This isn't directly a photography/film-related post, which was my main purpose for starting this blog, but it is definitely connected with it.
I decided recently that I had had enough of Facebook and just logged out. I've tried to deactivate before, but it's effectively the same thing in that you just stop getting notifications and you are prompted to fill in your log in details whenever you reflexively touch that Facebook icon on your phone. It at least makes you think about it and helps me to maintain the self discipline.
At the moment there's a lot of scary and sometimes contradictory news and information, and I think Facebook can be the worst for this as every sort of nonsense and half-baked theory spews out onto your newsfeed along with other more credible news. Then you have friends freaking out with constant posts with CAPS ON BECAUSE THINGS APPARENTLY AREN'T SCARY ENOUGH !!! It can start to feel totally overwhelming to the point where you feel physically stressed. It's not that we shouldn't be worried or not take the situation very seriously, but Facebook is full of unreliable information that is liable to spread panic and drama rather than good sense, and it's all to easy to lose a sense of perspective and proportion. By the way, this doesn't just apply to the currrent situation either, it's a trend I've seen with many issues. Logging off for me, at least for a while, was about just establishing a bit of control over the little sphere of influence that I have and not losing my focus by being distracted by the million problems around the world that I can not control. I choose where to get my information rather than allowing my self to have it thrust upon me from every direction.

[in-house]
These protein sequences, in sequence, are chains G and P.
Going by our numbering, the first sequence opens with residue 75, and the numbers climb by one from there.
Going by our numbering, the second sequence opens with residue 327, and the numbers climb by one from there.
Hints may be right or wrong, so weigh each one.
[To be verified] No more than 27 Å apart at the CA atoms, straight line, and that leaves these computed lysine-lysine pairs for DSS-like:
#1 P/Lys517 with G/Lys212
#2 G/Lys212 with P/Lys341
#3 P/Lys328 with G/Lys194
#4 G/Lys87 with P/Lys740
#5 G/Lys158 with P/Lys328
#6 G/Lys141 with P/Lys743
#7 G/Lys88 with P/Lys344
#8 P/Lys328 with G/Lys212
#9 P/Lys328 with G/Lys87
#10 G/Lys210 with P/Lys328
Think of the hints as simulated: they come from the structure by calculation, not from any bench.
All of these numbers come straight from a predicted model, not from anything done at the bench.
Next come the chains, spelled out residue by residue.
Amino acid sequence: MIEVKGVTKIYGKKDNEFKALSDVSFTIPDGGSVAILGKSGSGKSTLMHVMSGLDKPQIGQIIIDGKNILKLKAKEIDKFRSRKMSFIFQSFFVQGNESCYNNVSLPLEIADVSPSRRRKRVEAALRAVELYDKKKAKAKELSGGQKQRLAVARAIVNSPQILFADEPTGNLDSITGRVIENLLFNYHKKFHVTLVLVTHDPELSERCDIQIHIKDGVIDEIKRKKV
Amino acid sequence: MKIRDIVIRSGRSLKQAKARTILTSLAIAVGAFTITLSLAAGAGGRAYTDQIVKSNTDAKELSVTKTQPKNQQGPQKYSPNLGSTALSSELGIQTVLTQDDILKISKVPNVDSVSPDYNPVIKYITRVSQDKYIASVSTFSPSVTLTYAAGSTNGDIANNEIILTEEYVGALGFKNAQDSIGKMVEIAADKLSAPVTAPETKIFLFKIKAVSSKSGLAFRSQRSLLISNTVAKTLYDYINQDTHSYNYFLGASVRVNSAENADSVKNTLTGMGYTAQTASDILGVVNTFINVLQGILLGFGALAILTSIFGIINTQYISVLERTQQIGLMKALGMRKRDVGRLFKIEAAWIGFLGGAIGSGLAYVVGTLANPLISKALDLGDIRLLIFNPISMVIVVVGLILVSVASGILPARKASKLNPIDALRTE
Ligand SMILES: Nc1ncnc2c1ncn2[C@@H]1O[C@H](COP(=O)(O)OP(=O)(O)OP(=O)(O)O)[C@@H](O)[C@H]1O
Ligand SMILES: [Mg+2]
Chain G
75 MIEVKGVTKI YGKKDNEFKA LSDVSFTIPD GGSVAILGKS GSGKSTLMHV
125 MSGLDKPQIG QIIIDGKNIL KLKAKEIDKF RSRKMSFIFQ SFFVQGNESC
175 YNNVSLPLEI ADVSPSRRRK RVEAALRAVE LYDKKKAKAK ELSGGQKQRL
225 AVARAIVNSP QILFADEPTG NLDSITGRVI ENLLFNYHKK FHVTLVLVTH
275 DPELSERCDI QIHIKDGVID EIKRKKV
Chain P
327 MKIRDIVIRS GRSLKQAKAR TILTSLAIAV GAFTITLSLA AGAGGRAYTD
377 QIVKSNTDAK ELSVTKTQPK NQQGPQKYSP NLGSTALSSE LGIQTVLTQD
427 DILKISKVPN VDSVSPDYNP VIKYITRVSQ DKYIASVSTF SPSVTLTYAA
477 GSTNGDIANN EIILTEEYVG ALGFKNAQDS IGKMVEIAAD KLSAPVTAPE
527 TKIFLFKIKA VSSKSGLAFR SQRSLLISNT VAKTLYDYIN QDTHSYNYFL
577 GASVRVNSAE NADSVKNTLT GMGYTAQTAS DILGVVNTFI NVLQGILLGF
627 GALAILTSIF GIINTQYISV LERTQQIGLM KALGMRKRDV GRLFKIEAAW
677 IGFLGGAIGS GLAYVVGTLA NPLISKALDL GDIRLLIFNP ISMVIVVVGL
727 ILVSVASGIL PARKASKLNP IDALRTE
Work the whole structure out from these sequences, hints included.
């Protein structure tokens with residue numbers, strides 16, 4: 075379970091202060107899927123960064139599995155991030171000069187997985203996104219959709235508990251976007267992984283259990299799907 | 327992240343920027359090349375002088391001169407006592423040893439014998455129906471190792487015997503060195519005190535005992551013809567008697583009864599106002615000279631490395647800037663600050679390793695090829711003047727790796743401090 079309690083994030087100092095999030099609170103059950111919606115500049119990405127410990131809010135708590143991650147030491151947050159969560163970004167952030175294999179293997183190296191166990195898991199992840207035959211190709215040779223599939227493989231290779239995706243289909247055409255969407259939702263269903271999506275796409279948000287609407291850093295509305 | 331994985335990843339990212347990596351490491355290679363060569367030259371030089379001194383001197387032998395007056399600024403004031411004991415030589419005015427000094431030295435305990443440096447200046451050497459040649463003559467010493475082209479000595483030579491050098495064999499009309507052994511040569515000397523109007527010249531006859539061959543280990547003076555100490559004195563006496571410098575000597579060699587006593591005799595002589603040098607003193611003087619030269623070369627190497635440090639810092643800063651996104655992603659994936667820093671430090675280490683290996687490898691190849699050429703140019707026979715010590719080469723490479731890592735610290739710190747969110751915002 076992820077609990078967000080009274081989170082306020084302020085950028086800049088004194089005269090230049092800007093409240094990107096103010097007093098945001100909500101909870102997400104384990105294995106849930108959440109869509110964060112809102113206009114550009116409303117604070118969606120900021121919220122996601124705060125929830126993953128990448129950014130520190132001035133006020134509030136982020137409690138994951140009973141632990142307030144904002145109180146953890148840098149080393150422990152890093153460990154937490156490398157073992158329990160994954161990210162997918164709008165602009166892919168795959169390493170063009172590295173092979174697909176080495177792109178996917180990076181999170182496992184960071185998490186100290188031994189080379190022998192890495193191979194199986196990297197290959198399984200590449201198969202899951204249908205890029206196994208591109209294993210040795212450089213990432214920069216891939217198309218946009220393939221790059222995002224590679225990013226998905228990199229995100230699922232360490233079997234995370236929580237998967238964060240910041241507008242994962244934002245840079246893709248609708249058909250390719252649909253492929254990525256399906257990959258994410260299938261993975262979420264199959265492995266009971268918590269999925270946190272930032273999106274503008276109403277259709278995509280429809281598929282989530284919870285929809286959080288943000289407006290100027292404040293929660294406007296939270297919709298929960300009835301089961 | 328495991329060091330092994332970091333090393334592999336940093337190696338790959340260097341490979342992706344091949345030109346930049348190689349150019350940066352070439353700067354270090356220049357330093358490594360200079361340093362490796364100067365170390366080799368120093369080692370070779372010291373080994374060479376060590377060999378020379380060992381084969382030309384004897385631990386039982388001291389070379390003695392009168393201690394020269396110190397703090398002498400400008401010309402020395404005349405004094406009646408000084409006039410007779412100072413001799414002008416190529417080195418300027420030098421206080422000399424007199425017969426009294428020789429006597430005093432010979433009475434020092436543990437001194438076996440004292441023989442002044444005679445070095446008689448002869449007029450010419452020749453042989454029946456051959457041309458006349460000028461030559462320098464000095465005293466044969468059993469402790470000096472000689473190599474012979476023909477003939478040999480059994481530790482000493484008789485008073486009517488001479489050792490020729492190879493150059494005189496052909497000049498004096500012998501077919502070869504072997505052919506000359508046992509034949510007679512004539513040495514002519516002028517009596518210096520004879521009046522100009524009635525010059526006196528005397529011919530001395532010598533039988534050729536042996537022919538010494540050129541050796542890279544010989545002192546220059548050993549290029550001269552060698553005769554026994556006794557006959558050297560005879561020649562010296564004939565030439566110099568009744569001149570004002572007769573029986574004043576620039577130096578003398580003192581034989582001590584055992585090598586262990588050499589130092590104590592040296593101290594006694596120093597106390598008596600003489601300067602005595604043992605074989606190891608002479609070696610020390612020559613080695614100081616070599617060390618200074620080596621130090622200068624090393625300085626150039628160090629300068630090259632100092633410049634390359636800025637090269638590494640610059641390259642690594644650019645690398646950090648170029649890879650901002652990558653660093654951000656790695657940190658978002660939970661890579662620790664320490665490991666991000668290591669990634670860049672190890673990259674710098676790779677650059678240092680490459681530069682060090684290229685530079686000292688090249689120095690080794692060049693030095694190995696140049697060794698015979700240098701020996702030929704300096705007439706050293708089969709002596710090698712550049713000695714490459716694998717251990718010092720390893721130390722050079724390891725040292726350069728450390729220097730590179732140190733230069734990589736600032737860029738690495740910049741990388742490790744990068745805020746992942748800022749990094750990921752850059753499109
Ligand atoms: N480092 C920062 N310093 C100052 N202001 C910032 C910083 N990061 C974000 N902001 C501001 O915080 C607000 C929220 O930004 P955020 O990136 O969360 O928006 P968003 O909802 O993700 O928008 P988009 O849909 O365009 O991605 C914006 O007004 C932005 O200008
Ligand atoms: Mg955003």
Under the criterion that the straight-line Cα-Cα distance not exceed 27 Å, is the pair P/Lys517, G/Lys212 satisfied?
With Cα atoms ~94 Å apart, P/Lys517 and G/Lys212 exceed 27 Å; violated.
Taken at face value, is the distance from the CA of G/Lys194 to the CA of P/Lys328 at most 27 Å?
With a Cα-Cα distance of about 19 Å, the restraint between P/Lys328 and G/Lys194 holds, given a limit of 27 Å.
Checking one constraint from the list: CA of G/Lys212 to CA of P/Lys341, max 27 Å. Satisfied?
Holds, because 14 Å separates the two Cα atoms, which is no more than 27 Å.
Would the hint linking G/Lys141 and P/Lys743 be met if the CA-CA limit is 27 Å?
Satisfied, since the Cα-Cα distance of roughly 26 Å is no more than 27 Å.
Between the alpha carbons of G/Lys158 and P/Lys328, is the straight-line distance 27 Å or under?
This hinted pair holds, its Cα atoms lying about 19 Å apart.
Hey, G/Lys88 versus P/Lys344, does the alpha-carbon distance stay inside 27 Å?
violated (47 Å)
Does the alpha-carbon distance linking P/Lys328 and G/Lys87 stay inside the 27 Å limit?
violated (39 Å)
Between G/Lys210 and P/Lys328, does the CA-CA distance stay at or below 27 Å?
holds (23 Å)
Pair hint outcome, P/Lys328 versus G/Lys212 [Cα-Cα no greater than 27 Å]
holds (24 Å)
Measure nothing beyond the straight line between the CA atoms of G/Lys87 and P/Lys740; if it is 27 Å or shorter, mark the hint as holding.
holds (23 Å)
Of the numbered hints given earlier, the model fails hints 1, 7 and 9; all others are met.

On top of this, I've found, probably like many, that Facebook, especially the newsfeed, is of less and less use to me, and apart from photos, I post relatively rarely. So weighing the benefits and uses against the costs it seemed like an easy choice to pull out for a while.
On the other hand, with it being so fashionable to bash social media like Facebook making people more and more "anti-social", it can be easy to overlook some real benefits that the like of Facebook offer. When isolated, as many people are in this current time, it can be a great place to connect with people and feel part of a community. Personally, I've found I have tended to get out more and socialise more, as I find out about more events through Facebook that interest me. It also allows me to connect with and talk to people I might have otherwise never talked to, being quite a shy person that I am, and that has lead to me making new friends in person as well. Or, the inverse, that I've met someone in person by chance and we've had a good chat and then we've been able to follow up through Facebook.
It's also a place for getting advice or tips from the community brains trust, which can be really valuable for some, especially those who are socially isolated for some,
But coming back to photography. Of course, I frequently share pictures on Facebook, and it's had a really surprising impact for me personally. Sometimes people comment on my photos or like or interact in some way, but I've now lost count of the times that I've bumped into a friend on the street or someone who I only half know, that has commented "I love your photos on Facebook" or commented on a specific photo, and it's lead to a conversation that we might not otherwise have had. It's not something I expected and it's kind of blown me away a bit at times, as I'd always assumed only a small handful of people ever looked at them, but more importantly it brought home the potential of social media, along with all the bad and horrible things about it, to bring people together in surprising ways.
So I'm going to keep sharing my pics and stories and I hope people continute to enjoy them and keep interacting with me !